Recently I came across a brief statement on Facebook about the well-explained evils of stack ranking, with a half-hearted Devil’s Advocate argument about how impact can absolutely be an objective metric, measured and ranked1. I still think this is completely wrong; this post is my attempt to further expand my thoughts.
To start, workers are multi-dimensional and multi-faceted in skill; their varied abilities are what enables companies to build and sustain their businesses. In fact, this belief is one of the cornerstones of diversity advocates: a diverse set of people, each with their unique perspectives and strengths, make better decisions. The tech industry’s recent fixation on diversity is one part rectifying an oversight, one part building better business.
The true measurement of an employee, then, requires judging abilities on multiple axes. Whenever I think about this, I picture a polar chart of categories with scores from 1 to 5, with profiles approximated by the general geometric shape of the graph. For instance, a “lone wolf” senior software engineer may look like this:
Here, some of the axes end up being engineering specific, but higher level categories can be used so that the chart can be applied across multiple roles and disciplines.
In this model, stack ranking is a lossy compression mechanism. Specifically, it seeks to distill what is already a heuristic of someone’s skillset further into a single value, which then can be measured against others’ values. Whenever we talk ourselves into comparing persons A and B — on whether someone’s contributions here are more or less meaningful than someone else’s contributions there — what we’re really doing is adjusting weights on an implicit linear equation which sums up to that singular value.
Whether it’s based on “impact” or some other measurement, my main issue with stack ranking is that there’s no objective or even easy way to divine this equation without including a truckload of hidden bias. That graph above already has a handful of categories which reflect my own biases, and I can’t think of a decent way to turn it into a singular, comparable number without further losing what little nuance it’s trying to communicate. A ranked list of employees or teams implies some measure of objectivity, but the process requires additional, unacknowledged functions biased towards the rankers. It adds an entirely new layer of subjectivity on top of an already subjective set of judgements.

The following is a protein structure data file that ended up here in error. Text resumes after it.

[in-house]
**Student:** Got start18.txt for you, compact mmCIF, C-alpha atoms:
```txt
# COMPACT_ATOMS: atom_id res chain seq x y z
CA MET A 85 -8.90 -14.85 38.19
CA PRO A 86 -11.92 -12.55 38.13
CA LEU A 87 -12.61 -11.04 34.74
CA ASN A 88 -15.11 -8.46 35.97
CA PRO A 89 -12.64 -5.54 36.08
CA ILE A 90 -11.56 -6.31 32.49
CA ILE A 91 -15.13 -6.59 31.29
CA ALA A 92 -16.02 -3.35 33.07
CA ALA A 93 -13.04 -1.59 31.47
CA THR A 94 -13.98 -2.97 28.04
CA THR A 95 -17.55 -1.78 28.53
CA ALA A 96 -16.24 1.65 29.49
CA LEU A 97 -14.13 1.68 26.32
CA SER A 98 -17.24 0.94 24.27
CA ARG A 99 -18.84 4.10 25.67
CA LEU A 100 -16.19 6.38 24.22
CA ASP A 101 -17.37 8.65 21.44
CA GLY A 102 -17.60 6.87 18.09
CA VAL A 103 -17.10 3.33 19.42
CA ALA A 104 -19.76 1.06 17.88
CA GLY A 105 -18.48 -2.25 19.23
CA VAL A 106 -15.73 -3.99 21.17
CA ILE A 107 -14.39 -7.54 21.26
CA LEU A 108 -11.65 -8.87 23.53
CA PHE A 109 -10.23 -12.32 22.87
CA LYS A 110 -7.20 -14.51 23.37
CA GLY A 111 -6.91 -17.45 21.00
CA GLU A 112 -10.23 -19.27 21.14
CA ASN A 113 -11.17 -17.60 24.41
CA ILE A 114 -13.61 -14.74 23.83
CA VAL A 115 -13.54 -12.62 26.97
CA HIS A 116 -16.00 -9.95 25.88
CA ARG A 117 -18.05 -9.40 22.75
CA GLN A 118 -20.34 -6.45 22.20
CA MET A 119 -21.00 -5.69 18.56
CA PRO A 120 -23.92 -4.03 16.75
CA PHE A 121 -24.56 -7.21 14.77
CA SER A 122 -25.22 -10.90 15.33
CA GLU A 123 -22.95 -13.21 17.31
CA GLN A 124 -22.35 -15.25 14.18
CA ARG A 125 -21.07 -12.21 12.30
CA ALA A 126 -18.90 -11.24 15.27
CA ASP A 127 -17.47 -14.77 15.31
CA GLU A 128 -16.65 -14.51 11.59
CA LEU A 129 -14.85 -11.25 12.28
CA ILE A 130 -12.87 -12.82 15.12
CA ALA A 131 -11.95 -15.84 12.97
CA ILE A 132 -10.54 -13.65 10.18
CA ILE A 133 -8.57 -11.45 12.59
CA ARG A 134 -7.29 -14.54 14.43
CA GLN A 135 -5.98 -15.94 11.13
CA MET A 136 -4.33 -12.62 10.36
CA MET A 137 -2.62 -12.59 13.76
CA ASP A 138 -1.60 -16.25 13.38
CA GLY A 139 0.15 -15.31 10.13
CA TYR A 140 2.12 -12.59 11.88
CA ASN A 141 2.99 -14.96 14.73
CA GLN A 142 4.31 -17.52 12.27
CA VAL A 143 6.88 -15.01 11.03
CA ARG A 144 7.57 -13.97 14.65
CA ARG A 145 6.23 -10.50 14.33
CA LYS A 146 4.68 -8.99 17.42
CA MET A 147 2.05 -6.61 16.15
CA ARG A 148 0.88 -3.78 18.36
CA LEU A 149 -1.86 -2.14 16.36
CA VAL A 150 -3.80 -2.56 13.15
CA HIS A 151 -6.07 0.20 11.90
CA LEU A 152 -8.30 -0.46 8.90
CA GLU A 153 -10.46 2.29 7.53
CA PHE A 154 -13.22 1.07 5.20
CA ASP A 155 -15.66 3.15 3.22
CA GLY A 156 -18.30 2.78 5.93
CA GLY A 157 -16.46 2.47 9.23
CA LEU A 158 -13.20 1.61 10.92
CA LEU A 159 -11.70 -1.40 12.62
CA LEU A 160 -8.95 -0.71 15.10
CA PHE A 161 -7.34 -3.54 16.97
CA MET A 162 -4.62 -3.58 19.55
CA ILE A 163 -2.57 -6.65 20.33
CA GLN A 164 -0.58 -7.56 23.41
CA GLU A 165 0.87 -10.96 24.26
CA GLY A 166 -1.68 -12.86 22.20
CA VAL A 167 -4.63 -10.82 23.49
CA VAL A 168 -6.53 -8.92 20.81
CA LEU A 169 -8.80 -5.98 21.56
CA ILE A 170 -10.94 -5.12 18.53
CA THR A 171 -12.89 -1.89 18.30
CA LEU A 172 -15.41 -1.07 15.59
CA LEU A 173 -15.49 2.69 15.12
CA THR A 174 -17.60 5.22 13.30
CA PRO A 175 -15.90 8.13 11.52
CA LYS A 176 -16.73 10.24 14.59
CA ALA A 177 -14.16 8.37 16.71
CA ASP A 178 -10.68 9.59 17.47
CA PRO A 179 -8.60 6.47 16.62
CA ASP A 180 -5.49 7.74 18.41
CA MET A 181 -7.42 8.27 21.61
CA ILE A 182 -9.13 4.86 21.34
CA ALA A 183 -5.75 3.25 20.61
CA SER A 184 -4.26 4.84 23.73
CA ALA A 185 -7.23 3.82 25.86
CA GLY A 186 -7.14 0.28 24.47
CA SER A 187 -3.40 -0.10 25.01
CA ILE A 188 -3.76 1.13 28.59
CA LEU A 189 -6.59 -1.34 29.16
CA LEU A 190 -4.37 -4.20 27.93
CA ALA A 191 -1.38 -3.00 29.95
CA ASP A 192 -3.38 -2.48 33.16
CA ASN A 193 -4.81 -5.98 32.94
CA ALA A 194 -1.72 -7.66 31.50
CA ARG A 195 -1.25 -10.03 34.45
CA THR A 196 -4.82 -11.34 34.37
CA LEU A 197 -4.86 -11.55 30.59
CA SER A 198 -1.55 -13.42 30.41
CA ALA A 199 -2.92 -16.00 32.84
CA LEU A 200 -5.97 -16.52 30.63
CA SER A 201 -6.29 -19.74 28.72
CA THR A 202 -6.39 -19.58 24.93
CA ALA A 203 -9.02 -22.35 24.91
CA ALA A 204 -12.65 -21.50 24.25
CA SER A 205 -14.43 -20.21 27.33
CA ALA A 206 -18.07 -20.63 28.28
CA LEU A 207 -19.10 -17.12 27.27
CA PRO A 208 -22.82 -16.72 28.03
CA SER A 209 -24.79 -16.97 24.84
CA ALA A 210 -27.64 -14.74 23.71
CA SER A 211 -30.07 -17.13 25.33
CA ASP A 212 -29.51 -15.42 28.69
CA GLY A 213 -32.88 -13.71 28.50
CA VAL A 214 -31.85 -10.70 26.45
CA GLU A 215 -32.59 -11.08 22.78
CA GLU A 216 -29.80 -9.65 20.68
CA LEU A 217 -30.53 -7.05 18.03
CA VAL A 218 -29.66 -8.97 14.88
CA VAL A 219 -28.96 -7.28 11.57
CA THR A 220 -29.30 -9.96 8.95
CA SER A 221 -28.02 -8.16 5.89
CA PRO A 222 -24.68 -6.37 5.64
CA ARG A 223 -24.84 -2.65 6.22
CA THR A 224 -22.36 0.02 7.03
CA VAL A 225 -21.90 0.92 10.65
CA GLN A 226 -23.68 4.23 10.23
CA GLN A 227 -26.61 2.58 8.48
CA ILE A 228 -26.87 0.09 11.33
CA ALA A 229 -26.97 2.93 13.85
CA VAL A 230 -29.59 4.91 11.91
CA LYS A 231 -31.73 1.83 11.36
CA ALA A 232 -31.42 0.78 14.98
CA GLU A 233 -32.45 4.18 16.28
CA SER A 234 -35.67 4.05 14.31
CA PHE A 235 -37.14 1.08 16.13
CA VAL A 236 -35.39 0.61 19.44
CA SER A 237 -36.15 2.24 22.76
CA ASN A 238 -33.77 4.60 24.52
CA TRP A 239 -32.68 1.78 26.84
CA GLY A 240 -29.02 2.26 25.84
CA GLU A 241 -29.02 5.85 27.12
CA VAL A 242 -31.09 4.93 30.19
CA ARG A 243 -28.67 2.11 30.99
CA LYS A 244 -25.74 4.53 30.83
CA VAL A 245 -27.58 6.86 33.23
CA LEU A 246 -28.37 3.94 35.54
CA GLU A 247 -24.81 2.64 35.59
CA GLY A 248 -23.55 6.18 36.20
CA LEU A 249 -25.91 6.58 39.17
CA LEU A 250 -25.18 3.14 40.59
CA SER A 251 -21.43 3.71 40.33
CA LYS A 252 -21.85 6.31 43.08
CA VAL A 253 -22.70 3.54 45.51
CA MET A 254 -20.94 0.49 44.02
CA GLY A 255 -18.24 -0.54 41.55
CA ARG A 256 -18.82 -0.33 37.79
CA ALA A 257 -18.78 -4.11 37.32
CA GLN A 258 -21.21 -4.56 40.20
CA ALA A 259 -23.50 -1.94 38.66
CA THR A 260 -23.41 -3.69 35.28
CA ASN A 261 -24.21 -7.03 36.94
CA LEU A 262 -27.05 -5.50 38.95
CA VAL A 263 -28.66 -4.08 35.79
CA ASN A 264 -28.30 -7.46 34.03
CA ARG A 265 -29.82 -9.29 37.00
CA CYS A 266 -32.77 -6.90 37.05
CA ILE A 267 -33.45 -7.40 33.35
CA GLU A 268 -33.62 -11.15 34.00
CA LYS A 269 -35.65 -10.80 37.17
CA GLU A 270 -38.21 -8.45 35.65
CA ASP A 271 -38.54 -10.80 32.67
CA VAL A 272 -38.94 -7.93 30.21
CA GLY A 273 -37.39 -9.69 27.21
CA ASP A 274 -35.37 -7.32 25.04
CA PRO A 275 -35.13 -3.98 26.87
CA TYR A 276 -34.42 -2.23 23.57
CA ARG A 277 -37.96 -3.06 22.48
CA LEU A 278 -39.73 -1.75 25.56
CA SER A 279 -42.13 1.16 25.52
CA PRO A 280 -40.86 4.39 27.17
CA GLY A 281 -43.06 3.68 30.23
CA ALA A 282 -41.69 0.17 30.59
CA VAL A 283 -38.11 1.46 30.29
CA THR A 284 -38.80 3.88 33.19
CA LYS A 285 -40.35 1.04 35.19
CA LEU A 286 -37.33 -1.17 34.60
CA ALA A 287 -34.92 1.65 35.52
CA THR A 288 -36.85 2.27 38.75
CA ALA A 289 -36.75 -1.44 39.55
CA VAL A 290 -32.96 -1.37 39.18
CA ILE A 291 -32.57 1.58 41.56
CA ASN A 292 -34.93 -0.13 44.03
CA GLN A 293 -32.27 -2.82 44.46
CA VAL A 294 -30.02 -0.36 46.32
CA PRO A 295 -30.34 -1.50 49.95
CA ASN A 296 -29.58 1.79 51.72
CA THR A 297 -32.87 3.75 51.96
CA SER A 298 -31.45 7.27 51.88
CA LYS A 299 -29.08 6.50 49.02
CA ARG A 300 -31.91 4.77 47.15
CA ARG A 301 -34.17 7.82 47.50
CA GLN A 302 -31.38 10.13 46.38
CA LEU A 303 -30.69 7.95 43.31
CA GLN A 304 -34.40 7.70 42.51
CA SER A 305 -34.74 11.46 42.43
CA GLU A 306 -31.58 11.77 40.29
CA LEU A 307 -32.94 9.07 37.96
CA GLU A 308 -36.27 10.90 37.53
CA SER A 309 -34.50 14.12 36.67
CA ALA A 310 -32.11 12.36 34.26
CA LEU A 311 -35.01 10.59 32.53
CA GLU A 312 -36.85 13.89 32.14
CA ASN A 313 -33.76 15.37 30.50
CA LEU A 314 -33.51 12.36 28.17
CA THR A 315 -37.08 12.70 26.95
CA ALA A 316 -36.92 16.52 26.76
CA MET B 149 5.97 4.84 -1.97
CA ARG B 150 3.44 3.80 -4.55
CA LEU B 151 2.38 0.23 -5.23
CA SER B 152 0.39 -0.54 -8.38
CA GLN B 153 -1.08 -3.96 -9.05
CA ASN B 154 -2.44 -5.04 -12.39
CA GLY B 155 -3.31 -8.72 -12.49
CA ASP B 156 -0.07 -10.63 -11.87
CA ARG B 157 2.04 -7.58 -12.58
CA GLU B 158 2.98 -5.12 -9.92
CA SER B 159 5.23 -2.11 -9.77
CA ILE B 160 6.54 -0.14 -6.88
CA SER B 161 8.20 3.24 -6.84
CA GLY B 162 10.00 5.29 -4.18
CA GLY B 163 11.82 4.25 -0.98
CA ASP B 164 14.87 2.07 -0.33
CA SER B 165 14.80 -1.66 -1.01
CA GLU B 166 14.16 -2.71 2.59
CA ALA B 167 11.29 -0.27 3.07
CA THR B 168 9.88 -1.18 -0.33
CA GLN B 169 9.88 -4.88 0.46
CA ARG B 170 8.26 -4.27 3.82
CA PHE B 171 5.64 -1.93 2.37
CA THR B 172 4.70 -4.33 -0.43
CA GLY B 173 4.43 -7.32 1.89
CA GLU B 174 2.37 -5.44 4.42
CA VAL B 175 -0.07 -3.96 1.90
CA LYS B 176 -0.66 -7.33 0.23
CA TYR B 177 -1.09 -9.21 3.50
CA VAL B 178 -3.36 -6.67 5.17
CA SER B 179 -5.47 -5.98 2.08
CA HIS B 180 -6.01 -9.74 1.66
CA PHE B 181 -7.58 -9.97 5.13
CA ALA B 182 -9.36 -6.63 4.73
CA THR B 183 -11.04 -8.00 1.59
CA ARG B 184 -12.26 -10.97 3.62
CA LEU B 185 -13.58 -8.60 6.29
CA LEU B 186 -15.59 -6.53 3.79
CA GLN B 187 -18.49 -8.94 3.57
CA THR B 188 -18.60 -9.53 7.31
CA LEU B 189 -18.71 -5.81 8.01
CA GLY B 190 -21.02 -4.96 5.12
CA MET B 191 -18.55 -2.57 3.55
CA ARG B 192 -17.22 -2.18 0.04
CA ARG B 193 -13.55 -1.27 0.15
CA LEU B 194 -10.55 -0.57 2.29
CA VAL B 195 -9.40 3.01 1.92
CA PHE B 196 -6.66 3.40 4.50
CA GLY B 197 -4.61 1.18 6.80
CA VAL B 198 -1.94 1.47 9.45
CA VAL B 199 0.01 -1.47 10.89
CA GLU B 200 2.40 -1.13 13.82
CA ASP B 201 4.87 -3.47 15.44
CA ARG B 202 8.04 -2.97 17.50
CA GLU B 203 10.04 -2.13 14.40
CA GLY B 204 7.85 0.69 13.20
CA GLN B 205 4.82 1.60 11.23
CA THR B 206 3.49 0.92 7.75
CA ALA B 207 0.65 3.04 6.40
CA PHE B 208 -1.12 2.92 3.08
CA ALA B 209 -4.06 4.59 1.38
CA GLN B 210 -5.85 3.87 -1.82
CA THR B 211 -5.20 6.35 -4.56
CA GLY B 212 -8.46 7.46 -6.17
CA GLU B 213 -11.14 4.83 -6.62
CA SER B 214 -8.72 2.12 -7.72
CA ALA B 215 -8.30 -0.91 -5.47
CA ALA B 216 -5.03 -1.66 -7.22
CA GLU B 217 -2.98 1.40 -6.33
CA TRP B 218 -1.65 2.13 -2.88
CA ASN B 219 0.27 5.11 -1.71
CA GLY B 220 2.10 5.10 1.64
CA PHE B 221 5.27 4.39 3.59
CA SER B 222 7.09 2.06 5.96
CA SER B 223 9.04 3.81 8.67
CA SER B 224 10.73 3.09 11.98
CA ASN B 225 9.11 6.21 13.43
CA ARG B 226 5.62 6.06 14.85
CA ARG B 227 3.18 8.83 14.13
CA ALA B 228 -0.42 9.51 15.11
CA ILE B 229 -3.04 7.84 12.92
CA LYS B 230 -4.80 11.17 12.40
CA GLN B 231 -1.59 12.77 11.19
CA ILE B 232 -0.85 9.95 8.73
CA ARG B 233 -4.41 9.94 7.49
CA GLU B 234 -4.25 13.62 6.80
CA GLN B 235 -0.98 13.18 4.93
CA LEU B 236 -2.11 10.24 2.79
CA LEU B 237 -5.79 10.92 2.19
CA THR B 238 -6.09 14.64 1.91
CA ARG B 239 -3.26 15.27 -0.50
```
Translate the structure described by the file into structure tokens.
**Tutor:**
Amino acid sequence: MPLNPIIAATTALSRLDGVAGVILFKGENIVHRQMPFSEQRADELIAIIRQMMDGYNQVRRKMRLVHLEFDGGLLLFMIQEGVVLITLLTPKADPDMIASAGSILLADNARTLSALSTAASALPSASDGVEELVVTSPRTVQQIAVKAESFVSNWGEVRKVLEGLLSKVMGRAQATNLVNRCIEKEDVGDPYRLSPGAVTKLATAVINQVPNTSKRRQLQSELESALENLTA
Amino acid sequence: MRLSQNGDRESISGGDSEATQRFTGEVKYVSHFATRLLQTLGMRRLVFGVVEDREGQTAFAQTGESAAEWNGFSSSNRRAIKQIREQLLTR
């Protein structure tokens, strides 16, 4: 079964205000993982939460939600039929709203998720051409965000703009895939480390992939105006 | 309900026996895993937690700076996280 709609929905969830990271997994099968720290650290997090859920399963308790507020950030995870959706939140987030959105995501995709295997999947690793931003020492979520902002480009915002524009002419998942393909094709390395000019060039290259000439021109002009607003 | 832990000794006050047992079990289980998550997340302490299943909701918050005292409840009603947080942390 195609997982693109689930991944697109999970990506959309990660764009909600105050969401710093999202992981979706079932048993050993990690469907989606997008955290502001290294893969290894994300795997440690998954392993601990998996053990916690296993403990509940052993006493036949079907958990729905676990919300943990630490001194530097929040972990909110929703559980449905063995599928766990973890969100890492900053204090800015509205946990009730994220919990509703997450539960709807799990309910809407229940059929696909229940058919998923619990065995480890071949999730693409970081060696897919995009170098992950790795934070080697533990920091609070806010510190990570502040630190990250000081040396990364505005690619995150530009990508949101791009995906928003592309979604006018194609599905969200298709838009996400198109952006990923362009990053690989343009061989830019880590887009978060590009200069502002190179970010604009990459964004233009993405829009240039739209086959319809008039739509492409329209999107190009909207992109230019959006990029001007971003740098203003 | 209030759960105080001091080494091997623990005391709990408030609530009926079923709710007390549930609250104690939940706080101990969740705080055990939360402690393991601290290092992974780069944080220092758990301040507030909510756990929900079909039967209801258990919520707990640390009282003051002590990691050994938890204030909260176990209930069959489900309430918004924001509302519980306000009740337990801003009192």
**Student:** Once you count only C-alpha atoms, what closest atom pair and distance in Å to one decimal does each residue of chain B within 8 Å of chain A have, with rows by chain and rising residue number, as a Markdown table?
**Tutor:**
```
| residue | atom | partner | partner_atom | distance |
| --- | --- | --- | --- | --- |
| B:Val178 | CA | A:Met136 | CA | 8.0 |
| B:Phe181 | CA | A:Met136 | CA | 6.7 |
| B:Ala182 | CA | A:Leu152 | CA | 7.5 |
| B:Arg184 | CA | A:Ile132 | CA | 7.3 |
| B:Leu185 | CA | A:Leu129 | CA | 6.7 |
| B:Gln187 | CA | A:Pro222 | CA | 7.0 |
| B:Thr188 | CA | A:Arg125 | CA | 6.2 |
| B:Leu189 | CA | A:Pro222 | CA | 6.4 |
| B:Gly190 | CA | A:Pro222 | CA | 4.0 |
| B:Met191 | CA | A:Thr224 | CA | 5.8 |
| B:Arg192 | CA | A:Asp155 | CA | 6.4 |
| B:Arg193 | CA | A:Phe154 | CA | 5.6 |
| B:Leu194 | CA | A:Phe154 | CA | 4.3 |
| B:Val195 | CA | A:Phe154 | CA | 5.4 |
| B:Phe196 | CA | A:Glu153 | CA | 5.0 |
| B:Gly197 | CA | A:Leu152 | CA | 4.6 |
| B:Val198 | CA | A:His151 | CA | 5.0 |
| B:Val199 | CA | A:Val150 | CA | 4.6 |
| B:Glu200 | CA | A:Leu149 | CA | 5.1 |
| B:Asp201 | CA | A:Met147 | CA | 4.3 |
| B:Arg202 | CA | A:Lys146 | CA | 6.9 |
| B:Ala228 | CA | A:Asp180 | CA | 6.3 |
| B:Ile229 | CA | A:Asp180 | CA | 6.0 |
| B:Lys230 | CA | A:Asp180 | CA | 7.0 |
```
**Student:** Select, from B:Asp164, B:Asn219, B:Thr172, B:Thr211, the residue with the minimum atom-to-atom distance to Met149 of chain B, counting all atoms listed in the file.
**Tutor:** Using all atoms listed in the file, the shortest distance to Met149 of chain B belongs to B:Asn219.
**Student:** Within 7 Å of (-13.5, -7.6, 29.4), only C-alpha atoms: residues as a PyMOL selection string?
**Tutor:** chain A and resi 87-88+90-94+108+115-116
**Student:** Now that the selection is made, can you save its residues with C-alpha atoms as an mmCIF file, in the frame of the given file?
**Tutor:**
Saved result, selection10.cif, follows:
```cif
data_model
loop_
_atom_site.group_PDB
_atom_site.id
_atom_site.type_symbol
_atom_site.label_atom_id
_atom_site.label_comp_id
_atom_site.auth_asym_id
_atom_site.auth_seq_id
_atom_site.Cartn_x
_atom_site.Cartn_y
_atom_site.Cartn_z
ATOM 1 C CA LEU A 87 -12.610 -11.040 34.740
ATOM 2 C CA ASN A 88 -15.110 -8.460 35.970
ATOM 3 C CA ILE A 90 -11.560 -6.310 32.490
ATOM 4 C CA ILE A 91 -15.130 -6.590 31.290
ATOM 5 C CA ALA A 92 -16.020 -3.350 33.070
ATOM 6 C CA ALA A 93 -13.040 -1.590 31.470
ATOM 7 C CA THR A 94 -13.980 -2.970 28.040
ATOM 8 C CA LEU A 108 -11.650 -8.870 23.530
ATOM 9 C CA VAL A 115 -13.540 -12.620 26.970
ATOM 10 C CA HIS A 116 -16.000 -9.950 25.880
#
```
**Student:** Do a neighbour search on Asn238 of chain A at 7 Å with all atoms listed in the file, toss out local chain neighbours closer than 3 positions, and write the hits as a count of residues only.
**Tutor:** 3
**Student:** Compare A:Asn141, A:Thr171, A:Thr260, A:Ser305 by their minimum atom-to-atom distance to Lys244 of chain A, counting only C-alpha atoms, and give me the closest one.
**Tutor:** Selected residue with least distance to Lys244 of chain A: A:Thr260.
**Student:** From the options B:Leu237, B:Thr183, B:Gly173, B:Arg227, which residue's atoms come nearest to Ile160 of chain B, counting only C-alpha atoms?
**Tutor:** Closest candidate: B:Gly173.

There is an analogous realm of discussion where ranking is a cultural norm: professional sports. In the modern era of sports, fans are obsessed with rankings, despite the fact that no one actually agrees on what criteria make up “the best”. They argue about top players, top teams, top playoff series, etc. with completely subjective points, important mostly to the fan arguing. Almost all of the discussion revolves around the fact that there’s no common basis of comparison, so there can never be actual agreement. It’s one of the reasons why sports talk always ends up in circles.
Going back to stack-rank-based management, basing personnel decisions on that system is dangerous. Business requirements change, and the skills — and people — that a team needs shifts from quarter to quarter and project to project. The people and teams best equipped to tackle a changing environment feature diverse aptitudes, and it’d be a disservice to truncate that richness of disciplines into a solitary rank.
With the implication that those at the tail end are let go, or at least given a stern talking to.↩